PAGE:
April 19, 2013
Diphenhydramine Dangers

FEATURE


Parents in the picturesque suburb of Morgan Hill, California were stunned and dismayed when a once-trusted and beloved caregiver at a local daycare was arrested for drugging children with an adult sleep aid. The woman had worked at the daycare facility for six years and supervised toddlers between ages 1 and 2 during naptime. A colleague reportedly witnessed the daycare provider spiking children’s sippy cups with adult sleeping pills, and although the cups were confiscated before the children consumed the contents, it remains unclear how long she had been allegedly carrying out the illicit act.


The Morgan Hill Police Department revealed that residue from the narcotic was found in five of the seized sippy cups. The daycare provider has since been charged with five counts of attempted child endangerment and five counts of assault — misdemeanors that come with a maximum 2-year sentence.

A statement released to The Doctors’ producers by the Morgan Hill Police Department says, “We are investigating and trying to determine if this is a one-time event or had been going on for a prolonged period of time.”

E.R. physician Dr. Travis Stork and pediatrician Dr. Jim Sears discuss the active ingredient in sleep aids, diphenhydramine, and how it can produce deleterious or even deadly effects in young children. Diphenhydramine is a histamine-blocker used to treat a range of symptoms, from allergies and motion sickness to insomnia and the common cold. The potent drug can produce many side effects, the most common being drowsiness; however, a study conducted by Johns Hopkins University researchers found that diphenhydramine was ineffective at improving sleep in 6- to 15-month-old infants. In many cases, the antihistamine actually produces the opposite effect in kids, causing excitability, crankiness and confusion. Misuse of diphenhydramine can not only cause seizures and long-term liver damage in children, but an overdose can stop a baby from breathing. Diphenhydramine should never be administered to children under 2 unless instructed by a physician.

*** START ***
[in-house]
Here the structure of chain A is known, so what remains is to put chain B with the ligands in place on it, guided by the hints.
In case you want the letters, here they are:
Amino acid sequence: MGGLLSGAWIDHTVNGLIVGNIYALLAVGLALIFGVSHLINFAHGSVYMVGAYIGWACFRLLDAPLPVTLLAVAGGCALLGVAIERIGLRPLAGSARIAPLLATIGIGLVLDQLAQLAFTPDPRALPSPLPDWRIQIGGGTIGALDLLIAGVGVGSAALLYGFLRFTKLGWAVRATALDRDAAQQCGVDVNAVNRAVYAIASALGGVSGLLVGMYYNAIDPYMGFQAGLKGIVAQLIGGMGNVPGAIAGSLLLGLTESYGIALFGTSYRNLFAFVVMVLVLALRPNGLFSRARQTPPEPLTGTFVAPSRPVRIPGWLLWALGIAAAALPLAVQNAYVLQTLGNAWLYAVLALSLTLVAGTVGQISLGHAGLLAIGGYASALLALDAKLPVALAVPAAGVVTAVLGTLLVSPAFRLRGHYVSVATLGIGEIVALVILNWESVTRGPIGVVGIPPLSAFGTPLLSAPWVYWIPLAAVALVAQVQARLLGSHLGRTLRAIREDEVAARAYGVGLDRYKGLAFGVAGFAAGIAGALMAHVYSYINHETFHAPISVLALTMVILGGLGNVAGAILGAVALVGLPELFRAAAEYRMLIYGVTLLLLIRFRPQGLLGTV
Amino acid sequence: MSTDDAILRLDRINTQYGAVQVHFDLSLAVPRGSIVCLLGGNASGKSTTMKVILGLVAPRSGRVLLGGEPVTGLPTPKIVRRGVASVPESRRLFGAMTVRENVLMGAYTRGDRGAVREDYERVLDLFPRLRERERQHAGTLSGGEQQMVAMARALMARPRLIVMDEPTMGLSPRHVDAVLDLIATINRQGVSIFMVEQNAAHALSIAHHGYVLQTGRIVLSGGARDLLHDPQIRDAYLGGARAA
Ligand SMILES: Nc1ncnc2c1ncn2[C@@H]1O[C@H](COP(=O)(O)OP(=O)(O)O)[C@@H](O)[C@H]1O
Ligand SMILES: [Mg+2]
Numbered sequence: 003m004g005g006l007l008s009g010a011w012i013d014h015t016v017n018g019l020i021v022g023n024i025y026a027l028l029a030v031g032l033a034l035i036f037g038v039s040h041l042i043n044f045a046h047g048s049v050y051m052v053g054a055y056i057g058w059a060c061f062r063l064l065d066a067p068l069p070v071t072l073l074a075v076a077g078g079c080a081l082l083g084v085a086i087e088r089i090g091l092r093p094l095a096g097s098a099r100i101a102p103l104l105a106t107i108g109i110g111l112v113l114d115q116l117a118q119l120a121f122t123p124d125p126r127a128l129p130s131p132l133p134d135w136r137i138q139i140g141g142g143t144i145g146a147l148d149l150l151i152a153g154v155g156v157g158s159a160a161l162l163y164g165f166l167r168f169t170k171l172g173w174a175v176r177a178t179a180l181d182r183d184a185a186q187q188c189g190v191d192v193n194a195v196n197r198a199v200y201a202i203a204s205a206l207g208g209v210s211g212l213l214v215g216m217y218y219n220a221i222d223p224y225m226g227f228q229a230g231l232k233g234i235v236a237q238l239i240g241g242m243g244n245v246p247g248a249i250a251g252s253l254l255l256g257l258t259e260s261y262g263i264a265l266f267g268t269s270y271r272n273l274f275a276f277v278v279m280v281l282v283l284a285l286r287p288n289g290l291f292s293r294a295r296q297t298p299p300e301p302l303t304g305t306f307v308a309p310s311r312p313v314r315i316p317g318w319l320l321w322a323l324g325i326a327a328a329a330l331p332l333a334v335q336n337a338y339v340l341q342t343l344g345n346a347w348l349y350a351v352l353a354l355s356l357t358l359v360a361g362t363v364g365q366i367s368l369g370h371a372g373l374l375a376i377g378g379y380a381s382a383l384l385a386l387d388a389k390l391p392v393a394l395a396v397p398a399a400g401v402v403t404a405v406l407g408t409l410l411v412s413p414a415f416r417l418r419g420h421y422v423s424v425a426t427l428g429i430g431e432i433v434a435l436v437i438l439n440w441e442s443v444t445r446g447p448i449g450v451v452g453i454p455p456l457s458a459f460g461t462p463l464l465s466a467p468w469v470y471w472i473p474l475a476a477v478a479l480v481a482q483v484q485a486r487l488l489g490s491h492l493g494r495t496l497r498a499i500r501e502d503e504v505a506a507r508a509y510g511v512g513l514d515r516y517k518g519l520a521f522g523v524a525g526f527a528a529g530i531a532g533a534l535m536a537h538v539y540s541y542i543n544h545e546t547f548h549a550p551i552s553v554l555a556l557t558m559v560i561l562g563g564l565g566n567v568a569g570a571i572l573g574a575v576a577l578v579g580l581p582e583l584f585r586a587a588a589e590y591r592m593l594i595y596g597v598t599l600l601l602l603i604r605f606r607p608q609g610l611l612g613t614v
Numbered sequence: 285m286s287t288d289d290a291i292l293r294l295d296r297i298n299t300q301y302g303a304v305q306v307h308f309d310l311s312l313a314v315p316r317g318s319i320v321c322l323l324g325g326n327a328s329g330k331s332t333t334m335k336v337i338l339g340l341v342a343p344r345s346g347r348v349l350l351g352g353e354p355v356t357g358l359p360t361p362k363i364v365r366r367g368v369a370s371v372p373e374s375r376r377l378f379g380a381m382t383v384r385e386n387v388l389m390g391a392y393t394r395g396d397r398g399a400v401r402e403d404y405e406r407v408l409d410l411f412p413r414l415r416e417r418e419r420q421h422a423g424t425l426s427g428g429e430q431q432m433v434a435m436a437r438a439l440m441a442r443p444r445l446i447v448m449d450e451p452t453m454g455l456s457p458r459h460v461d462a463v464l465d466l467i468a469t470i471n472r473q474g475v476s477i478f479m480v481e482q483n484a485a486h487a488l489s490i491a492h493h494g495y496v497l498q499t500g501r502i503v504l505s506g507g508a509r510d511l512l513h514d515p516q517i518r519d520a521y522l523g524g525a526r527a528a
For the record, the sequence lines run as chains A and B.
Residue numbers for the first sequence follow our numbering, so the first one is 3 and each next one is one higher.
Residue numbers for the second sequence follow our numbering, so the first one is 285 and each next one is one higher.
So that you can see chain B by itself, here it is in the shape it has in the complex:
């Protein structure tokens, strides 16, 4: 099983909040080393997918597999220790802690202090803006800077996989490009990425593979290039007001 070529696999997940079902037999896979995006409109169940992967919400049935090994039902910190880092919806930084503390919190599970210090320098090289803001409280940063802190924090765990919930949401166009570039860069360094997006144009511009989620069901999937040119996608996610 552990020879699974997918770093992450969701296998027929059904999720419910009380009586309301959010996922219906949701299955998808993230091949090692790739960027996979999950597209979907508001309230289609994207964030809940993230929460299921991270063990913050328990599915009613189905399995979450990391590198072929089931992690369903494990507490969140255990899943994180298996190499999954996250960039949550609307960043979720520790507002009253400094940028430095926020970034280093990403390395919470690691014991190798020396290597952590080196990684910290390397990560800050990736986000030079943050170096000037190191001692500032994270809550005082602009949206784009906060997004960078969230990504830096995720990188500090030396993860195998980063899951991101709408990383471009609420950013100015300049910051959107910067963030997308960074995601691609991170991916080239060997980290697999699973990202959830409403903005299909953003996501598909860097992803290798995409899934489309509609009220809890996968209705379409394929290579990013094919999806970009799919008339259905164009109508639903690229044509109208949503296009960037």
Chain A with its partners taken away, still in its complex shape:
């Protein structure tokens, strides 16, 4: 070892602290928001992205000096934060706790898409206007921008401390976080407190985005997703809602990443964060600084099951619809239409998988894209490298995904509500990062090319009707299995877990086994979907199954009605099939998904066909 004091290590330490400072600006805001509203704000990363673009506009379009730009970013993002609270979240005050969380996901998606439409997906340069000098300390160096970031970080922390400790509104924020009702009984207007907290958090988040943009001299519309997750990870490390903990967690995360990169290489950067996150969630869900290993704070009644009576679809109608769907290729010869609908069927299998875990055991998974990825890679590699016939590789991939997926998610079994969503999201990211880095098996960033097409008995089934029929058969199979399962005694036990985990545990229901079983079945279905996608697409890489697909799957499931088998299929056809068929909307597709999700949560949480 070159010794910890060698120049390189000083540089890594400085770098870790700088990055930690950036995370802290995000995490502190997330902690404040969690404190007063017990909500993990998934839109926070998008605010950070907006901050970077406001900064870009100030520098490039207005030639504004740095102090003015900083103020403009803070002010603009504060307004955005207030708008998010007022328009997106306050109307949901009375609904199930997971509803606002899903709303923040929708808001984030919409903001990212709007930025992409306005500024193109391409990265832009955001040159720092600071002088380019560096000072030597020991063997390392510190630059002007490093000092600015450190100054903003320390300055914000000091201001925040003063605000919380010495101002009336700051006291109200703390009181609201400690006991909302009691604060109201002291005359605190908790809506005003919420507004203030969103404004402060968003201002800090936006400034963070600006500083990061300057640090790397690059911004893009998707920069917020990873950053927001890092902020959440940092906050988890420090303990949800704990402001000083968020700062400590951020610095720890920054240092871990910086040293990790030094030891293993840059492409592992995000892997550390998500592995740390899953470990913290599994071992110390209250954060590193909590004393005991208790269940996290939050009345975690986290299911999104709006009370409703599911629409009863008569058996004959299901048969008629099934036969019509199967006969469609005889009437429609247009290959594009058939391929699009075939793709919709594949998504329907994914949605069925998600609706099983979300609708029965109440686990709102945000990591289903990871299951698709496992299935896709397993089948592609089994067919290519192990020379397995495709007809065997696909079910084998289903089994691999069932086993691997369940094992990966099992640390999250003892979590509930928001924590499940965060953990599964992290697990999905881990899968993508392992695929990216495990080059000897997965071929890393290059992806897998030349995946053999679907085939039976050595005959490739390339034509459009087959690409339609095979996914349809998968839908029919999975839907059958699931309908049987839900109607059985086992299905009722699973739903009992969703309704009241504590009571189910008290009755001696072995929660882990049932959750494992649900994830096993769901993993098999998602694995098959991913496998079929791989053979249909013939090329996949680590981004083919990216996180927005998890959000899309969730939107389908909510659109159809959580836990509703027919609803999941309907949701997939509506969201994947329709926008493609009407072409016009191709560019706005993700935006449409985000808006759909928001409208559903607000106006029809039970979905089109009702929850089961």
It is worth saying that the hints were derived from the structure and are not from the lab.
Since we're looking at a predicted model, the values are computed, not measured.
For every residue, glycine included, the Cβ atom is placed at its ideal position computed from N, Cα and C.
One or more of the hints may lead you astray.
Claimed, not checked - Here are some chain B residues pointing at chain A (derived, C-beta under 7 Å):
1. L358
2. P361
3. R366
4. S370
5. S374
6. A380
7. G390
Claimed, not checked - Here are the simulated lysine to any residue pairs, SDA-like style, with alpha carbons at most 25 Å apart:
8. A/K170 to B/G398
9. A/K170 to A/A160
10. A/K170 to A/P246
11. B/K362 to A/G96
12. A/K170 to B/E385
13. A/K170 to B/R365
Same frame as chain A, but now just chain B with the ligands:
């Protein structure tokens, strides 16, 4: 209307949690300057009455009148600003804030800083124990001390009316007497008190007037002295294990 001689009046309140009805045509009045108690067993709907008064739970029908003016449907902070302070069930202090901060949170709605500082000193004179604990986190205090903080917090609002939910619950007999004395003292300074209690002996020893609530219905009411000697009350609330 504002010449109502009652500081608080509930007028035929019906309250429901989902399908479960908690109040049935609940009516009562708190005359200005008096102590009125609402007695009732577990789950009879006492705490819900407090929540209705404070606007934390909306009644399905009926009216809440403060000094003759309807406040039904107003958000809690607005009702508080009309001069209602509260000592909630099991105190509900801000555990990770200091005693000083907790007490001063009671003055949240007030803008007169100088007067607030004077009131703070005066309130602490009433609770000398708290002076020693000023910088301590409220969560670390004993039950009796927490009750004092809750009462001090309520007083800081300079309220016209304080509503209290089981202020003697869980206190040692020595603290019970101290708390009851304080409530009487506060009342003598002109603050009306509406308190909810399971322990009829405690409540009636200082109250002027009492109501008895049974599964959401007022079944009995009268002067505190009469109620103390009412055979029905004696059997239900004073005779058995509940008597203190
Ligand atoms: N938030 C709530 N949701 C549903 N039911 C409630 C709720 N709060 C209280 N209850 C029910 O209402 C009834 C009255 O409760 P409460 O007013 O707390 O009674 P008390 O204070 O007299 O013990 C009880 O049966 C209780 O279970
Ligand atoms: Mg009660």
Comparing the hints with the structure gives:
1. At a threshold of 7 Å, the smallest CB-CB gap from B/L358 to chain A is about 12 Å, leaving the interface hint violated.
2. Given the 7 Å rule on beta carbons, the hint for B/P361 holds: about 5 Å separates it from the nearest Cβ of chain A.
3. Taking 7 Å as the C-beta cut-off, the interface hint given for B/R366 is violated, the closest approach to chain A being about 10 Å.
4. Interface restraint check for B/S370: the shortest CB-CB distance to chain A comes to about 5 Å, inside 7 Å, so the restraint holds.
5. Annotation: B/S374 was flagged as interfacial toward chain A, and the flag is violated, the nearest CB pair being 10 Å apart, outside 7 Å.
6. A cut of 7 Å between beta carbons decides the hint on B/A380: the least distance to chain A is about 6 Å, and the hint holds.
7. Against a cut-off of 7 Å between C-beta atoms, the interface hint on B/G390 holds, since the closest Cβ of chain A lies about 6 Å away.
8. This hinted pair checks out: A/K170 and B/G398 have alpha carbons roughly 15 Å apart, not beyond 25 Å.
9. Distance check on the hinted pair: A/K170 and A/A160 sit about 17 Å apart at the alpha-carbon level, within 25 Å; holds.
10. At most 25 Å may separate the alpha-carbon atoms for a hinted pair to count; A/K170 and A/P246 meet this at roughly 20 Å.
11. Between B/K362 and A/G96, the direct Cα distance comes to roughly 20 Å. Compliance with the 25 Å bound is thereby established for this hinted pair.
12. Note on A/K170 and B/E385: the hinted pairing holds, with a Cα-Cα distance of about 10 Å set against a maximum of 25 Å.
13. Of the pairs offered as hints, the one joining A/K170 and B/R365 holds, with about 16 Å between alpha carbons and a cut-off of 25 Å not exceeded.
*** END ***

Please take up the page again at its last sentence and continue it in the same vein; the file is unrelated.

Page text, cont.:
Dr. Travis stresses the importance of carefully reading all medicinal labels. “Familiarize yourself with those ingredients because the same ingredients are used over and over again in all the various brands out there,” he says. “You want to make sure that the medicine you’re taking or that you’re giving your child is not only safe, but that it’s effective and that, as the creed is in medicine, that it’s doing no harm.”

Related:
Over-the-counter medications explained.
Cold medication safety for kids.
Homeopathic medications for kids.

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